MODERN manufacturing makes heavy use of robots, which are better than humans at repeating the same task over and over. But when even minor changes need to be made in the manufacturing process--in the shape of a car door, for example--a human operator must "teach" the robot the new shape by guiding it by hand through each motion and every orientation in the operation. Besides being time consuming and therefore expensive, this process is often inaccurate.
Charles Vann, a Lawrence Livermore National Laboratory mechanical engineer and manager, has developed a sensor that can make manufacturing robots smarter, saving both time and money. His small, noncontact, optical sensor increases the capability and flexibility of computer-controlled machines by detecting the sensor's relative position to any mechanical part in all six degrees of freedom. (In mechanics, degrees of freedom refer to any of the independent ways that a body or system can undergo motion, i.e., straight-line motion in any one of the three orthogonal directions of space or a rotation around any of those lines.) The six-degrees-of-freedom (SixDOF) sensor can be mounted on the tool head of a multi-axis robot manipulator to track reflective reference points attached to the part. Once the robot knows where it is relative to the part, a computer can instruct the robot to follow a path predescribed in multidimensional computer drawings of the part, or the robot can be programmed to follow a path of references mounted on the part. The sensor eliminates the need for "training" the robot and enables process changes without halting production because software can be downloaded quickly into the robot's controller.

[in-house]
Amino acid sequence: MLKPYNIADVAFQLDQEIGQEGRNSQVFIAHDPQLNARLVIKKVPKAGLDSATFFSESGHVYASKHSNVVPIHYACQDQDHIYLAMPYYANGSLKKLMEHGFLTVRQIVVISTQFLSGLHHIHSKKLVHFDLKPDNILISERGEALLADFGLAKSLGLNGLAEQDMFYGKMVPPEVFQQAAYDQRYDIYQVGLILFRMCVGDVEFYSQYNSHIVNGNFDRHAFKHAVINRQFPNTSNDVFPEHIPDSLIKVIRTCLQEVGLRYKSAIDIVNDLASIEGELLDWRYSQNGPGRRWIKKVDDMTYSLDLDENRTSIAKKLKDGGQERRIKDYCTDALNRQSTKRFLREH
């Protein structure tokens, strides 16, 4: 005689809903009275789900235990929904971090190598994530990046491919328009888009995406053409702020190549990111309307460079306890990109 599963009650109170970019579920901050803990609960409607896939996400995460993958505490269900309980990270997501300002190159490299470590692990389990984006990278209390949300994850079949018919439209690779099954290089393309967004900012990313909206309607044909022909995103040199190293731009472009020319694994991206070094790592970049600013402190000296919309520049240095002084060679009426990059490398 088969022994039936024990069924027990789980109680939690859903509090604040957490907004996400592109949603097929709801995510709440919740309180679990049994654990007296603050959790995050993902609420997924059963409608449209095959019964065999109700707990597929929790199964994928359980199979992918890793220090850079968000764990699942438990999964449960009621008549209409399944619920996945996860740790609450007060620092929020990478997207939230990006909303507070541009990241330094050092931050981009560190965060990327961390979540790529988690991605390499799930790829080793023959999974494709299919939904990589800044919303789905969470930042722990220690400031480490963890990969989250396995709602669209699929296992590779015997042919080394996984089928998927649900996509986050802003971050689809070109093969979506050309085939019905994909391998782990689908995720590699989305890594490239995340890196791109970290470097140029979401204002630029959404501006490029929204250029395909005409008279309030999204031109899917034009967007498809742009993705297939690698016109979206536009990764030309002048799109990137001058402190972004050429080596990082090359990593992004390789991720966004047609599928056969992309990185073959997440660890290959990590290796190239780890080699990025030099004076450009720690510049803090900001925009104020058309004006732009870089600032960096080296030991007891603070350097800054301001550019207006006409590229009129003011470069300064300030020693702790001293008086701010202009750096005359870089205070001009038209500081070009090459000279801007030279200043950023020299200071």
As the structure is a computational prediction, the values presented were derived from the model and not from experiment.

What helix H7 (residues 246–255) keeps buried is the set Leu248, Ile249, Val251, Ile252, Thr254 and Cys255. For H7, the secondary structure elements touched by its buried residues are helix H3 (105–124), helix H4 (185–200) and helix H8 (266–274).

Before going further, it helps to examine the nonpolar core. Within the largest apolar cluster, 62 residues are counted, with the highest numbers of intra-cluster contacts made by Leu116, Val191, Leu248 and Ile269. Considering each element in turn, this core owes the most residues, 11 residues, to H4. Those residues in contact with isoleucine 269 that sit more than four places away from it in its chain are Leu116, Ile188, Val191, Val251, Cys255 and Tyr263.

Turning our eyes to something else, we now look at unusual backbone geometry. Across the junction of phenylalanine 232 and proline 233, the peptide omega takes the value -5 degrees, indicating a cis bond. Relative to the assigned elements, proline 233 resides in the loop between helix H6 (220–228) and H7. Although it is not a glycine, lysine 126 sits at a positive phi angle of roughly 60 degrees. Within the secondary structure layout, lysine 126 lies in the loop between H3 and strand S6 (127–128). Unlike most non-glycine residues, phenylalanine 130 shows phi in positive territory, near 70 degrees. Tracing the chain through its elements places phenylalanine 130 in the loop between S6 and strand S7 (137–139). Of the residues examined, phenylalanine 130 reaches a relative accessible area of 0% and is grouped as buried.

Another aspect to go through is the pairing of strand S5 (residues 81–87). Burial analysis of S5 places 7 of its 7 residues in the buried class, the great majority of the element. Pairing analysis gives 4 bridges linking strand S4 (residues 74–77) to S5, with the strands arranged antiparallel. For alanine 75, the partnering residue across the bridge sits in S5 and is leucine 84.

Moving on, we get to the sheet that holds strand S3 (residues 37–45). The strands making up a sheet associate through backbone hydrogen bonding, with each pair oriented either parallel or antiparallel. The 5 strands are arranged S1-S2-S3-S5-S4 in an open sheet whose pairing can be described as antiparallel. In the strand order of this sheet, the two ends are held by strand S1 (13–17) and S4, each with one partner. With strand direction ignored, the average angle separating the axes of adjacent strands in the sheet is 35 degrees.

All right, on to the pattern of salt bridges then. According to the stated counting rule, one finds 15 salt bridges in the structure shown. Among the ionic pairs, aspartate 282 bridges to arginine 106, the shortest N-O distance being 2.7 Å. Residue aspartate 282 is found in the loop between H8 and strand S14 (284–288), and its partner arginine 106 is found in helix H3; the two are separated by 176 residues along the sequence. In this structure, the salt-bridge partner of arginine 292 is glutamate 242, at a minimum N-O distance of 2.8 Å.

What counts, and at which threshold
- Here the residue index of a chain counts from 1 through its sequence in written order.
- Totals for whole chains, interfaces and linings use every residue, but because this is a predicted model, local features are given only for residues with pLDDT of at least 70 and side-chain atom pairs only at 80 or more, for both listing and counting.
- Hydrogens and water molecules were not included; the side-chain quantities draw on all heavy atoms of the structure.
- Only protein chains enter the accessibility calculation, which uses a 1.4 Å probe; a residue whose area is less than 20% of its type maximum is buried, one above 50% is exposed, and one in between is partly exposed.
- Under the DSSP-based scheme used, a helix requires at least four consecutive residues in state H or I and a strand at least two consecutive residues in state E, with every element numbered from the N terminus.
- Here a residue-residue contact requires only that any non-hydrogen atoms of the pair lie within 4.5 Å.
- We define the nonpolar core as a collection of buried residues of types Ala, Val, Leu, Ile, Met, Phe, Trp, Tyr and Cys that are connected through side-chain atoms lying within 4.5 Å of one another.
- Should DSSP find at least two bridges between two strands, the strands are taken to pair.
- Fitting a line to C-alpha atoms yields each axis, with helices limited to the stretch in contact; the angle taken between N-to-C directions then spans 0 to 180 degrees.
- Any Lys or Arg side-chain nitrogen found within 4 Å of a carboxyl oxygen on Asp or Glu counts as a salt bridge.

The nearest competitor to the SixDOF sensor is one that detects only three degrees of freedom. But many manufacturing operations require information on all six degrees of freedom. Welding, for example, requires information on three degrees of freedom to locate the weld (the x, y, and z axes) and the other three rotational degrees of freedom to properly orient the tool relative to the part. Compared to the competitor, the new SixDOF sensor is four times smaller and five times lighter because it uses lateral-effect photo diodes (light- and position-sensitive diodes), which are smaller and lighter than the cameras used by the competition. And the SixDOF sensor costs one-sixth as much. Yet for an equivalent field of view, it is more than 250 times faster and up to 25 times more accurate.

How the Sensor Works
The SixDOF sensor is composed of four assemblies: a laser illuminator, beam splitting and directing optics, lateral-effect photo diodes, and signal-processing electronics. The laser source is a 5-milliwatt diode laser. Two small mirrors (M1 and M2 on the illustration, next page) guide the 1-millimeter laser beam to the primary optical axis of the sensor. The beam then passes through two negative lenses (L1 and L2) that diverge the beam at about 0.3 radians. This high divergence creates a 2-centimeter laser spot at about 3.5 cm from the face of the sensor. The beam divergence, depth of field, and spot size can be changed by choosing different negative lenses.